Wayne E. Dick, Ph.D.
waynedick [at] knowbility [dot] org
Department of Computer Engineering and Computer Science, Emeritus
California State University, Long Beach
First published in Computers and Society, Vol. 26 No. 4, December 1996
We are all familiar with accessibility ramps that provide entry into buildings for disabled persons, and we recognize (intuitively and legally) the need to provide such accommodations. But most people do not appreciate the fact that many disabilities go unnoticed and unaccommodated. If the building is a library and the user is dyslexic, the ramps or steps are of little importance—the barrier is inside on the pages. About one fifth of the population cannot use books for a variety of reasons: blindness, visual impairment, dyslexia, allergies to print and paper, or paralysis of the arms. This group is called the print handicapped—they are denied access to ideas because they cannot use standard print. It is a profoundly limiting disability.
What is a book? There is the physical object: a cover (hard or soft) that contains printed pages. There is also a conceptual object: the creative work of an author or authors. When a librarian or teacher says to a group of children, "Books are our friends," what is being referenced? Is it the physical object or the creative work? Too often, the people who can read print see no difference. The print handicapped—myself included—are not so sloppy. Books are physical. Along with magazines and newspapers, books are rigid. They constitute a wall to many, and they cannot be transcribed easily. Creative works are the ideas inside. Creative works are my friends.
Unwittingly, computer science finds itself at the center of this issue. Information technology makes publication so efficient that we are drowning in good information. All of this printed material poses a crisis for the print handicapped. But at the same time, relief has never been closer. Print-related disabilities can be eradicated if the computer and publication industries decide to take the necessary actions. Coded character sets can be re-targeted to any medium—print, Braille, voice output and large print. The information they contain is plastic.
Unfortunately, industry is moving in the opposite direction. There are two main difficulties: 1) print handicaps are viewed as medical problems, and 2) electronic print information is moving into bitmap format—the digital equivalent to books.
The medical model of disability leads to individualized prosthetic solutions. Taking a medical approach to architectural barriers would force people in wheelchairs to provide personal cranes to lift themselves over stairs. Instead, society adopted a functional approach—the difficulty was lack of access to buildings, not the many different handicaps that might prevent stair-climbing. Posed functionally, the solution is obvious: create alternate entries.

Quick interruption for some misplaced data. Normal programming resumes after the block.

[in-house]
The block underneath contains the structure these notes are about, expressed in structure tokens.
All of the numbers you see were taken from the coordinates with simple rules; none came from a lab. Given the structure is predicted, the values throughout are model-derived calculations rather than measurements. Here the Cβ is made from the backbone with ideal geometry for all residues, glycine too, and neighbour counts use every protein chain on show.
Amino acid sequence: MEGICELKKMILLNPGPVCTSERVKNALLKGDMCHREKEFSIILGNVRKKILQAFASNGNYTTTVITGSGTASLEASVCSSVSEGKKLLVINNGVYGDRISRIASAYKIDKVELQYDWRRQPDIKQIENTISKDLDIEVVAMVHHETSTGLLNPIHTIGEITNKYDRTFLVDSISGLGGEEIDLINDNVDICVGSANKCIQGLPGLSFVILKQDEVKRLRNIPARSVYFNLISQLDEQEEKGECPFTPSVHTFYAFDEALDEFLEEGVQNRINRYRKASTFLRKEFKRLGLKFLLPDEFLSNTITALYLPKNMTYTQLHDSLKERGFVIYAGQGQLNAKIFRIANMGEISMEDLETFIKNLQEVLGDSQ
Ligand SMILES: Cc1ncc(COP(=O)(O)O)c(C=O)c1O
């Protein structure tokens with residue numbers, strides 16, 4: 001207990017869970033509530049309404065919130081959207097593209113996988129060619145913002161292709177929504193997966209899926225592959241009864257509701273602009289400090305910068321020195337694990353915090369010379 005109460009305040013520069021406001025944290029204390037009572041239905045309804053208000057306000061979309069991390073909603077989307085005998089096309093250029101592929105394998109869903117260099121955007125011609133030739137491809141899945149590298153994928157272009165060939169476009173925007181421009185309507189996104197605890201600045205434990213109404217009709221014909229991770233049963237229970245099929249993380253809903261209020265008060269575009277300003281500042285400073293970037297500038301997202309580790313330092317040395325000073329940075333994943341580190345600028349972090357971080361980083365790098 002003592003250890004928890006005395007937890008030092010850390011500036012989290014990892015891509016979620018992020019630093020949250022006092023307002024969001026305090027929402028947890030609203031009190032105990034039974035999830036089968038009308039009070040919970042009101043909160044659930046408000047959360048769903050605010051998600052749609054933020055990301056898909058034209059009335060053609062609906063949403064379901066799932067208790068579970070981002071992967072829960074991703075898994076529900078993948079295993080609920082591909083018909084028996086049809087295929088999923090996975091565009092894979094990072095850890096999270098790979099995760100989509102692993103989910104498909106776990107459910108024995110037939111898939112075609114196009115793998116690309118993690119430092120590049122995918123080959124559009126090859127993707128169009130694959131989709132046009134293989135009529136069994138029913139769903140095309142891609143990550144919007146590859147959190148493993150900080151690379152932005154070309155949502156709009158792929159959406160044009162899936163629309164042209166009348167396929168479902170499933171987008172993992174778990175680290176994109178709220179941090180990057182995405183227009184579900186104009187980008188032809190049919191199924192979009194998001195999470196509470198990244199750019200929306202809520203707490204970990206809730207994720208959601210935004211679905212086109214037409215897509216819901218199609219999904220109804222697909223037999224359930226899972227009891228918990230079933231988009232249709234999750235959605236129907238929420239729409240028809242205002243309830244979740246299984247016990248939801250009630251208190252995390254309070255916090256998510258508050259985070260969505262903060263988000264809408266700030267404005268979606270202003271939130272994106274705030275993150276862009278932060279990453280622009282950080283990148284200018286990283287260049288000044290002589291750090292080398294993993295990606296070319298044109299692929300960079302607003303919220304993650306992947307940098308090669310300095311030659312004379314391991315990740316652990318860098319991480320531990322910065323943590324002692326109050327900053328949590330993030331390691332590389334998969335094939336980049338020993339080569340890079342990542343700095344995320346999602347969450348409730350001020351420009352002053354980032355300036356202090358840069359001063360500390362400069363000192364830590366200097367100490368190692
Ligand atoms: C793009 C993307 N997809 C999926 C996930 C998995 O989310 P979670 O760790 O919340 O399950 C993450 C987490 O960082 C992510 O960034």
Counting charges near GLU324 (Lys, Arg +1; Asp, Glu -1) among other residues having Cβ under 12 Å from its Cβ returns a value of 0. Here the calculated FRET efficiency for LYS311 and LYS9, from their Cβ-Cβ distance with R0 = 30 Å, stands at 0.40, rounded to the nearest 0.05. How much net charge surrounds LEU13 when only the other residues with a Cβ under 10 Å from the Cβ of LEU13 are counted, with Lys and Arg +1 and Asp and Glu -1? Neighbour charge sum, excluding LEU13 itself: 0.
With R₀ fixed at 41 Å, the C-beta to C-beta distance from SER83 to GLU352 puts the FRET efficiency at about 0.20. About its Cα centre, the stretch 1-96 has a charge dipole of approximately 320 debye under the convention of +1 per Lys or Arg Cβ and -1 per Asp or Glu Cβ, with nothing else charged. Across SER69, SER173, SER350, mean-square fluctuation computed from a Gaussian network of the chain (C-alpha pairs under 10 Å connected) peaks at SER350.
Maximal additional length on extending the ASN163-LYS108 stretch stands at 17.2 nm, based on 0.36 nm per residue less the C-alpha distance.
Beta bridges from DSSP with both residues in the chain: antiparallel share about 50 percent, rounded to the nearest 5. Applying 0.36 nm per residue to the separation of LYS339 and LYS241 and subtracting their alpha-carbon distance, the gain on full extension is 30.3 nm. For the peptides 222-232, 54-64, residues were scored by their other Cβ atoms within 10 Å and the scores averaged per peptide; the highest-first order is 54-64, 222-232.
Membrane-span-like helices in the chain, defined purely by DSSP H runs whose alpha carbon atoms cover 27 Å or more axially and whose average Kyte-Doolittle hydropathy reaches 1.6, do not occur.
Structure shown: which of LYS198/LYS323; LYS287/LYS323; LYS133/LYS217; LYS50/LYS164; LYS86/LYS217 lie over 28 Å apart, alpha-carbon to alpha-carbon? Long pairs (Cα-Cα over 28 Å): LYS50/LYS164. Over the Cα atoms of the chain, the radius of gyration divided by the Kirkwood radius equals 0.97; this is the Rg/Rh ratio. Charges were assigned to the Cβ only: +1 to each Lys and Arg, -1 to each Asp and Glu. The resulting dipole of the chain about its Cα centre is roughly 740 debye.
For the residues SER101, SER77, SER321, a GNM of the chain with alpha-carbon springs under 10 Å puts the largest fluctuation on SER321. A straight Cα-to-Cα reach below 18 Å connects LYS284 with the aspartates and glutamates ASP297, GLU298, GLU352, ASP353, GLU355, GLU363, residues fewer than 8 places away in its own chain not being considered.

Most print handicaps are addressed using an individual medical approach. Blind receive one path of accommodation, the dyslexic another and the visually impaired yet another. Dividing the resources dilutes the effect. The main role computers play is to provide prosthetics that are expensive and become obsolete quickly. A functional approach would look at the source of information. Today, the text in books and bitmaps is first entered in a coded character format. But then this plastic media is transformed into rigid media—useless to the print handicapped. The useful accommodation for this disability would be production point capture. Get the creative works in coded form before they are rendered useless.
The Web provides hope. HTML has initially been extremely flexible—I can easily adjust my browser to display text legibly as 24-point type with extra line spacing. Unfortunately, as visual art moves to center stage on the Web, text is moving into bitmaps. Reformatting the text might spoil the picture. Web artists might instead heed the principle, "form follows function."
We are at an historic cusp—we can eliminate a handicap or create new barriers. We can propagate books or creative works. They are not the same thing.
Editor's note, 9/25/2014:
It is obvious to everyone how far technology in general and the Web in particular have progressed in the 18 years since Wayne wrote this article. Sadly, though, there has been much less progress in solving the problems that he identified back then.
Accessibility guidelines and laws still fail to fully support the needs of low vision
readers. • Although mobile book readers and reading apps allow word wrapping on text enlargement, one
widely-used document format and most mobile browsers do not. • Many Web browsers still fail to
recognize the use of voice reader markup, leaving the blind without advantages that technology
could easily provide. • Accessible mathematics notation is only recently, and tentatively, coming
into common use. • These are not technical problems—there is no reason to further delay
propagating creative works.